Open Call for Proposals - details coming soon...


Scotland 2030 - call now closed

"We assume that the present is a much more serviceable guide to the future than a candid examination of past experience would show it to have been.....we largely ignore the prospect of future changes about the actual character of which we know nothing." John Maynard Keynes

The next SUII call will focus on the theme of Scotland 2030. It is intended to complement and support Scotland’s Futures Forum’s current major programme of work.

Scotland's Futures Forum  is the Scottish Parliament's futures think-tank.  It works on a non-party basis to promote research and to stimulate debate on the long-term challenges and opportunities that Scotland faces, with the aim of informing MSPs and others and enabling them to consider the effects of decisions taken today on Scotland's long-term future. Their 2030 programme is an exploration of Scotland’s culture and society and aspirations for 2030 and beyond. It is taking a number of different perspectives and considering the societal and cultural impacts of existing and predicted trends and examining how Scotland can meet the challenges and exploit the opportunities that emerge.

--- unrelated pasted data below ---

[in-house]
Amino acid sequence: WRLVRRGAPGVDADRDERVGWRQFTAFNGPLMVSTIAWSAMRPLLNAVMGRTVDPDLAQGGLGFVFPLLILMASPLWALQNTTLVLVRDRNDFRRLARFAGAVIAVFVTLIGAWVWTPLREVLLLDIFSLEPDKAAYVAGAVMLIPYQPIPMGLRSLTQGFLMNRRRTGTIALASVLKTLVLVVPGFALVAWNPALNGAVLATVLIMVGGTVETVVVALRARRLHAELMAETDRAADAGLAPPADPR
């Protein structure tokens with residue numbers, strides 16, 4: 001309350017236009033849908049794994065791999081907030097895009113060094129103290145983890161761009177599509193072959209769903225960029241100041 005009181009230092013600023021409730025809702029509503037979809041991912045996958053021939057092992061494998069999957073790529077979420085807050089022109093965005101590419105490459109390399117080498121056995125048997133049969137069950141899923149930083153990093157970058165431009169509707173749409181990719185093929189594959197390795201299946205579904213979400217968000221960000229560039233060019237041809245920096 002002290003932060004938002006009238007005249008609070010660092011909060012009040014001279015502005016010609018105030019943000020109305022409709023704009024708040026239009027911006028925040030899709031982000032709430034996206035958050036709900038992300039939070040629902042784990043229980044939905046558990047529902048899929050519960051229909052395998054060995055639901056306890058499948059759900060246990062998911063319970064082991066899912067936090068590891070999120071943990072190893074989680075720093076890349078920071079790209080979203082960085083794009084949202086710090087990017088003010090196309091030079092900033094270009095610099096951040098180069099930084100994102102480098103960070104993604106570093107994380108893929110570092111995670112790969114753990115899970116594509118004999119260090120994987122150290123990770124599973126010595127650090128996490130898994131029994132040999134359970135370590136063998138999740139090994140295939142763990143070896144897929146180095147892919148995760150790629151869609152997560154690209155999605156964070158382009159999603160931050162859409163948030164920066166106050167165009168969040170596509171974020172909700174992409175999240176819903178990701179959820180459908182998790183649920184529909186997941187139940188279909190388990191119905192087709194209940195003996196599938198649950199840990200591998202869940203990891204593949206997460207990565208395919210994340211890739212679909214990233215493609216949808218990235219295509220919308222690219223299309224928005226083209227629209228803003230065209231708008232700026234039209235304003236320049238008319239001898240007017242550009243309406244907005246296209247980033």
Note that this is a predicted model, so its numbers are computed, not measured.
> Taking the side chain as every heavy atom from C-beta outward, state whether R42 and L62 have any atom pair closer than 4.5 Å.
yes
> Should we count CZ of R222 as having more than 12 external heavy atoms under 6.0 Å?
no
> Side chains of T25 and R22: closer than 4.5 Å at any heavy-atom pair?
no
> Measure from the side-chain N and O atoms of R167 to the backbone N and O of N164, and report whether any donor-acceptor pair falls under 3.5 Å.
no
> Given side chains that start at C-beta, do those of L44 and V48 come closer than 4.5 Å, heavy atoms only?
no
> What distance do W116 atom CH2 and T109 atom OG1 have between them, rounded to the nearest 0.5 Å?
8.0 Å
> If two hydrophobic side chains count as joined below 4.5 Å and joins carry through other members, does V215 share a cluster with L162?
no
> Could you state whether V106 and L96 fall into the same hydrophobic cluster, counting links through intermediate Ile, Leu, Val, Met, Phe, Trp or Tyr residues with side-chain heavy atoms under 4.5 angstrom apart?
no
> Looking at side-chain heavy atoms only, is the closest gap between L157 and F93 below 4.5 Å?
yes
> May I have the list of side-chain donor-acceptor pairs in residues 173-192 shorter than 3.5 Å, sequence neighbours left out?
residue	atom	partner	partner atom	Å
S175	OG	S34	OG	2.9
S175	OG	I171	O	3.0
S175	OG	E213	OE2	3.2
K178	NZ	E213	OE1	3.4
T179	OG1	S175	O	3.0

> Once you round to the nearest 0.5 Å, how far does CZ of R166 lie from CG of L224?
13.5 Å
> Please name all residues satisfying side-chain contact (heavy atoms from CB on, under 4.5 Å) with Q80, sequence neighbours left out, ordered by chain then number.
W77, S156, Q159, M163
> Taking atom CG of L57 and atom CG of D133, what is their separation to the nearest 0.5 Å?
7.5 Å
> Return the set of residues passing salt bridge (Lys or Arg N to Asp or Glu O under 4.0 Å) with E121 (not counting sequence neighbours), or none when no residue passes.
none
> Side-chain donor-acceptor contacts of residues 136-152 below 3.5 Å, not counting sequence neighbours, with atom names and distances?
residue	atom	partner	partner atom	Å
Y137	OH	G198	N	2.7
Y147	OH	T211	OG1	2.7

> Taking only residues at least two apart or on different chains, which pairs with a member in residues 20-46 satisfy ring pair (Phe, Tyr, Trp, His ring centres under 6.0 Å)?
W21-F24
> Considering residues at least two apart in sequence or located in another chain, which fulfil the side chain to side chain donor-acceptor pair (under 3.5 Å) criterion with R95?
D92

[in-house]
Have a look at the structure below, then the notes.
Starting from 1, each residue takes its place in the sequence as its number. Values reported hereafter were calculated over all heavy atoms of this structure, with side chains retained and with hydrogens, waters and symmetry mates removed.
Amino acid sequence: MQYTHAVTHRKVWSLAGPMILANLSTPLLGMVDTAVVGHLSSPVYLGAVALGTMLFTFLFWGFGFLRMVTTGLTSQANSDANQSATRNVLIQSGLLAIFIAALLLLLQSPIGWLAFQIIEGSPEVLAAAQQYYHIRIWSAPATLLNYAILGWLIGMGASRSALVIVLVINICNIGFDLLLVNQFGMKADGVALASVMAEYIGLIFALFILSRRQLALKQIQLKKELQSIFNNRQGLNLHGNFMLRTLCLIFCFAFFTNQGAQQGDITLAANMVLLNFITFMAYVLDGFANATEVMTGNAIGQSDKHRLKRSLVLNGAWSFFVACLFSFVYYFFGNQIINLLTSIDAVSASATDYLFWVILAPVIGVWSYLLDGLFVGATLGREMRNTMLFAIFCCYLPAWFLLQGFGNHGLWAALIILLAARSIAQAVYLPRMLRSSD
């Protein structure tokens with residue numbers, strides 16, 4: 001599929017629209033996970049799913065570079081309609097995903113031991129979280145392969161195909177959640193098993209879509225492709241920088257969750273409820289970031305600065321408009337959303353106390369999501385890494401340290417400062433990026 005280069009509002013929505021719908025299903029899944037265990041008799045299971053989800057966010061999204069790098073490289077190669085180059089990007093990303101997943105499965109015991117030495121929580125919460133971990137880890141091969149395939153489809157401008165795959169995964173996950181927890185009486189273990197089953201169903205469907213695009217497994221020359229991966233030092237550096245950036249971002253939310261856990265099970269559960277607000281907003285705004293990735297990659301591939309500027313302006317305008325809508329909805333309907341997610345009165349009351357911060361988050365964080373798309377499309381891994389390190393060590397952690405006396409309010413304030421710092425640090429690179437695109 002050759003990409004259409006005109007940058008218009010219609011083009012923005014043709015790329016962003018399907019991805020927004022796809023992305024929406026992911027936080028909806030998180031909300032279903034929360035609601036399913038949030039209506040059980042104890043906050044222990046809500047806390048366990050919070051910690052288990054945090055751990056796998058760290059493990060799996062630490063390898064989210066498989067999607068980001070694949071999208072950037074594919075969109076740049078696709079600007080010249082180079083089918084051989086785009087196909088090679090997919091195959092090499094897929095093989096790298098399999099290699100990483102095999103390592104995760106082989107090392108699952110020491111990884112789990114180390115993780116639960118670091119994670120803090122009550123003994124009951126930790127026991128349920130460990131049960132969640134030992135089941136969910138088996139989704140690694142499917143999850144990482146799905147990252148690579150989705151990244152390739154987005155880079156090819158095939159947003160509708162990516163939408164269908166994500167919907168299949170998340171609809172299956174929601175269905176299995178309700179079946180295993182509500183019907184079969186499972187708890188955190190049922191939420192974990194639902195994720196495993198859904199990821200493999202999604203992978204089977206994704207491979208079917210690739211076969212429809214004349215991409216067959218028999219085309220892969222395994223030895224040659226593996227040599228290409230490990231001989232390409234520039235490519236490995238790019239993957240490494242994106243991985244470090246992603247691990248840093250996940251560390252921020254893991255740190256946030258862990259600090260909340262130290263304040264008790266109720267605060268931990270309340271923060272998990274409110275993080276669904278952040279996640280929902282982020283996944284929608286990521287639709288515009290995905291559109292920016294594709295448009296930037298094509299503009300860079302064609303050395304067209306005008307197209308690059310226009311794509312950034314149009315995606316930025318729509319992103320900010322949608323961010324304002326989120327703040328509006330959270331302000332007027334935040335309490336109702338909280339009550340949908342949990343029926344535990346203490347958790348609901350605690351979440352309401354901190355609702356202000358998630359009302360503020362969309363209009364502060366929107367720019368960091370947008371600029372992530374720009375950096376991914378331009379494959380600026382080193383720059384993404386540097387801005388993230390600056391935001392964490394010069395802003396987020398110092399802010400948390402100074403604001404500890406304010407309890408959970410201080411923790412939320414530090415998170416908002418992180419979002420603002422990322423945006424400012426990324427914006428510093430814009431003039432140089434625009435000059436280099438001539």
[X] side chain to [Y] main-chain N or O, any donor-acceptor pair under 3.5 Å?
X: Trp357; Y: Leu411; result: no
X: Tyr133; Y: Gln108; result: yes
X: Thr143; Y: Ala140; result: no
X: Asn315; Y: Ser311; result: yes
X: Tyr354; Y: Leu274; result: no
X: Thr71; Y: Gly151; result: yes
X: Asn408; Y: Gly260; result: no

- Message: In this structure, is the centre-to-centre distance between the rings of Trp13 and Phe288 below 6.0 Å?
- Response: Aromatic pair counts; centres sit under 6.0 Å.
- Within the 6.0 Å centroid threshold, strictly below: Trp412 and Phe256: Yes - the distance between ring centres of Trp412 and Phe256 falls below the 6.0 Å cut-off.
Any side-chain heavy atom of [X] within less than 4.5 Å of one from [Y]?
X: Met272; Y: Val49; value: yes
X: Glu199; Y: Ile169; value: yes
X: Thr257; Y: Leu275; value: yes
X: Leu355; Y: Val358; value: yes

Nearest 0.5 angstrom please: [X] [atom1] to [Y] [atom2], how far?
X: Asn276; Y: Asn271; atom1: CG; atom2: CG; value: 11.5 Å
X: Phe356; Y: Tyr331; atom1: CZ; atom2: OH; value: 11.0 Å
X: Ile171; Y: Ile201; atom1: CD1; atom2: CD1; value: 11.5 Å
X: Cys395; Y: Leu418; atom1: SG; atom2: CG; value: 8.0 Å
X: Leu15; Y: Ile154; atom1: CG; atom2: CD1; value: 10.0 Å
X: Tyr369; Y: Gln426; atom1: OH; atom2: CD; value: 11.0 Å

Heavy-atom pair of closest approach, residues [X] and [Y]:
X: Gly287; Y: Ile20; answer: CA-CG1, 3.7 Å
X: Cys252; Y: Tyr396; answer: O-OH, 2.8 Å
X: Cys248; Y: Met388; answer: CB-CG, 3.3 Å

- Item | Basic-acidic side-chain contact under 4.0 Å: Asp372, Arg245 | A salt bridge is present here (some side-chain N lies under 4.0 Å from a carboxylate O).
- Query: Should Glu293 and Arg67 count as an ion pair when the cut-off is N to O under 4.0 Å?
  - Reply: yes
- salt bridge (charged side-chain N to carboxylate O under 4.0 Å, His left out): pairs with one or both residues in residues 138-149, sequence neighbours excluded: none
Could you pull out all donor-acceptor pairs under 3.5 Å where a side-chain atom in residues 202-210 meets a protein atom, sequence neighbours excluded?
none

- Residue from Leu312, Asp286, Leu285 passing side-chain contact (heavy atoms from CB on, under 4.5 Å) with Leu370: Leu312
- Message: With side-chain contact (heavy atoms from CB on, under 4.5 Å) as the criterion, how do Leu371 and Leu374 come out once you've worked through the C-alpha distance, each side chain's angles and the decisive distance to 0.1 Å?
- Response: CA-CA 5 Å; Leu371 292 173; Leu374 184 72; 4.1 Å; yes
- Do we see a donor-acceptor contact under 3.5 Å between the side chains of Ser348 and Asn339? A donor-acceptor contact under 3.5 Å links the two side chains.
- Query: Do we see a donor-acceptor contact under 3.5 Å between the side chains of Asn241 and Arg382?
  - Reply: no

Knowledge Exchange Programmes

The Insight Institute supports programmes that address substantial issues facing Scotland and the wider world, which have the capacity to extend knowledge and inform policy and/or practice. SUII programmes aim to stimulate in-depth knowledge exchange and mobilisation through workshops, seminars, and other activities over a period of several months. In particular we aim to encourage knowledge exchange activity that wouldn't otherwise take place, including novel partnerships to explore new developments and possibilities for improving policy and practice. 

Applications are invited from teams whose composition reflects the multi-discipline and multi-sector remit of the Institute. Programme teams should include academics and members of communities beyond academia, e.g. the public and voluntary sectors, business and industry, as well as bringing in international expertise. Ideally some non-academic partners should be involved in the development phase of a proposal to help ensure it is demand led. 

Programmes should:

  • marshal the existing knowledge of participants and deploy their experience in fresh ways;
  • be multi-disciplinary and incorporate policy-maker and/or practitioner knowledge;
  • foster ongoing collaboration through a schedule of activities over a number of months, and
  • demonstrate the capacity to extend knowledge and inform policy and practice.
Organising teams must include members from at least two of our partner universities:

Dundee, Edinburgh, Glasgow School of Art, Heriot Watt, St Andrews, Stirling, Strathclyde